I don’t take any church for granted in Vienna. There is always some especially memorable feature. It would not have to relate to saints. I have seen plenty of sinners immortalized in church paintings. At the Dominican Church, in fact, there is a portrait of a Roman executioner wielding a huge axe, ready to chop off the head of a female saint.
I wonder where her bones are resting.
Two Contrasting Churches
On our last day in Vienna, my wife and I visited two churches that were glaringly different. The first one, Marie de la Siege, was on a run-down street near the train hub. From the distance, the church looked like a magnificent medieval fortress with turrets—very formidable and slightly forbidding. As we got closer, however, we saw lots of scaffolding covered with large tarps whose purpose evidently was to catch whatever brick was crumbling or cascading from above. This was not a good omen. When I entered the huge church, dingy and dark as it was, I was impressed with the unique pillars. They were scalloped in five layers, not perfectly round as in all of the other churches we had visited in Vienna. These gigantic gray pillars were made out of cement stained with alternately spaced earth colors that had faded over the years. And the cement itself at many bases was cracked either through erosion or disrepair. The vast church had discolored frescoes that might once have been masterpieces but now looked forlorn from neglect. The only thing in the church in good condition was the vibrant altarpiece glorifying the Virgin Mary.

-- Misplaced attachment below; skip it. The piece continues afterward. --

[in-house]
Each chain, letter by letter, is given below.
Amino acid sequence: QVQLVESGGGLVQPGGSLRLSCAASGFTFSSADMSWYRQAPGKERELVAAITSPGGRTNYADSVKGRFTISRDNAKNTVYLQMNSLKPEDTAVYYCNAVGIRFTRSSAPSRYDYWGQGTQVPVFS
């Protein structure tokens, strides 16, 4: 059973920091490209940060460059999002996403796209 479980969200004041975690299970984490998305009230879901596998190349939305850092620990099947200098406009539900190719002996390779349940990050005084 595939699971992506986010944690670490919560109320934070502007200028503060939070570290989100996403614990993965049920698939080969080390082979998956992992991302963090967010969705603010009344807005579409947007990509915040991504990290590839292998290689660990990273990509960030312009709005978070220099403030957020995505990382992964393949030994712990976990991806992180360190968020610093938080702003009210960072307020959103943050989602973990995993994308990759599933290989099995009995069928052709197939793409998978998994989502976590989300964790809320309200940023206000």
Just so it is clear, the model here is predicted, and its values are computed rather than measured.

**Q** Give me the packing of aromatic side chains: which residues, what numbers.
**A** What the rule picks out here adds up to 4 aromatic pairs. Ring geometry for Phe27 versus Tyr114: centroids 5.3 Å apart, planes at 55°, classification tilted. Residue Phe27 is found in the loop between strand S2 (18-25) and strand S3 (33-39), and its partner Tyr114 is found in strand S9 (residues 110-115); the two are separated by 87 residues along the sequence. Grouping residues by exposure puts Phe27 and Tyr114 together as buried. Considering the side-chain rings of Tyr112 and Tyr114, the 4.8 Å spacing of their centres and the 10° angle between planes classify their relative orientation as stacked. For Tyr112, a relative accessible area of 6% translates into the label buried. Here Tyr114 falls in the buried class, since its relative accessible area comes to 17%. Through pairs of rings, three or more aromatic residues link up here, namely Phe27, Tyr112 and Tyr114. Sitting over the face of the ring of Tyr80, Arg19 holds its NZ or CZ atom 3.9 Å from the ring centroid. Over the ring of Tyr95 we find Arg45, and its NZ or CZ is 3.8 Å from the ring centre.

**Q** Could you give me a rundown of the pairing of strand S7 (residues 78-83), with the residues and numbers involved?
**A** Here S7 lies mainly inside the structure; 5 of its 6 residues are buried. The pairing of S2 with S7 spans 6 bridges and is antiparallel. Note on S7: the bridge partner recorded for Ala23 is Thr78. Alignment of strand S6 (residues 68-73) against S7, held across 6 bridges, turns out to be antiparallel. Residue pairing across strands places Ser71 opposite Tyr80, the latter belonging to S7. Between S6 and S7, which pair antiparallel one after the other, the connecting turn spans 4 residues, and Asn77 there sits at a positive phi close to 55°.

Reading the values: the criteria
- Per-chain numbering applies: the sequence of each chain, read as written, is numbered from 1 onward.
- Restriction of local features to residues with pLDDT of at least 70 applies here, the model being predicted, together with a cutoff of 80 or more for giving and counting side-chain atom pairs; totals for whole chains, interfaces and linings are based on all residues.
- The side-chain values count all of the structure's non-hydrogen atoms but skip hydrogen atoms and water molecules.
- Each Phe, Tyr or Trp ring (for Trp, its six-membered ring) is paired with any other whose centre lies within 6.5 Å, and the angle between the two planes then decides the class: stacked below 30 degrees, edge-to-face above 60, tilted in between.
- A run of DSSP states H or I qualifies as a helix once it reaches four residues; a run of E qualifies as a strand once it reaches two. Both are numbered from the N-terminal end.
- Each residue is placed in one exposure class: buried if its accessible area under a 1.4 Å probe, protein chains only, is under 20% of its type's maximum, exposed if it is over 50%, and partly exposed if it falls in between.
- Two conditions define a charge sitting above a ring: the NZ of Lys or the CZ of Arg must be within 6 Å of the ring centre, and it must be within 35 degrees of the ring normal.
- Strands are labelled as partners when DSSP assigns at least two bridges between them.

My wife found a booklet explaining why the church had decayed so much: from Allied bombings to lack of government funding. Being in a blighted area with poor parishioners I’m sure hasn’t helped either. Marie de la Siege has tremendous potential; it’s a shame that it is in such disrepair. About the scaffolding: pieces of the church turrets have already fallen. My wife and I saw some of the damage as we left the church. If I were in charge, restoring this church and the neighborhood would be a top priority.
We didn’t know about this church—the travel guides never mentioned it. By accident, we spied it as we decided to explore a new section of Vienna apart from the hordes of tourists. As we walked out of the church, we had to navigate through the gauntlet of decayed buildings before we reached the Metro. At that time, I would have felt more secure in the company of tourists.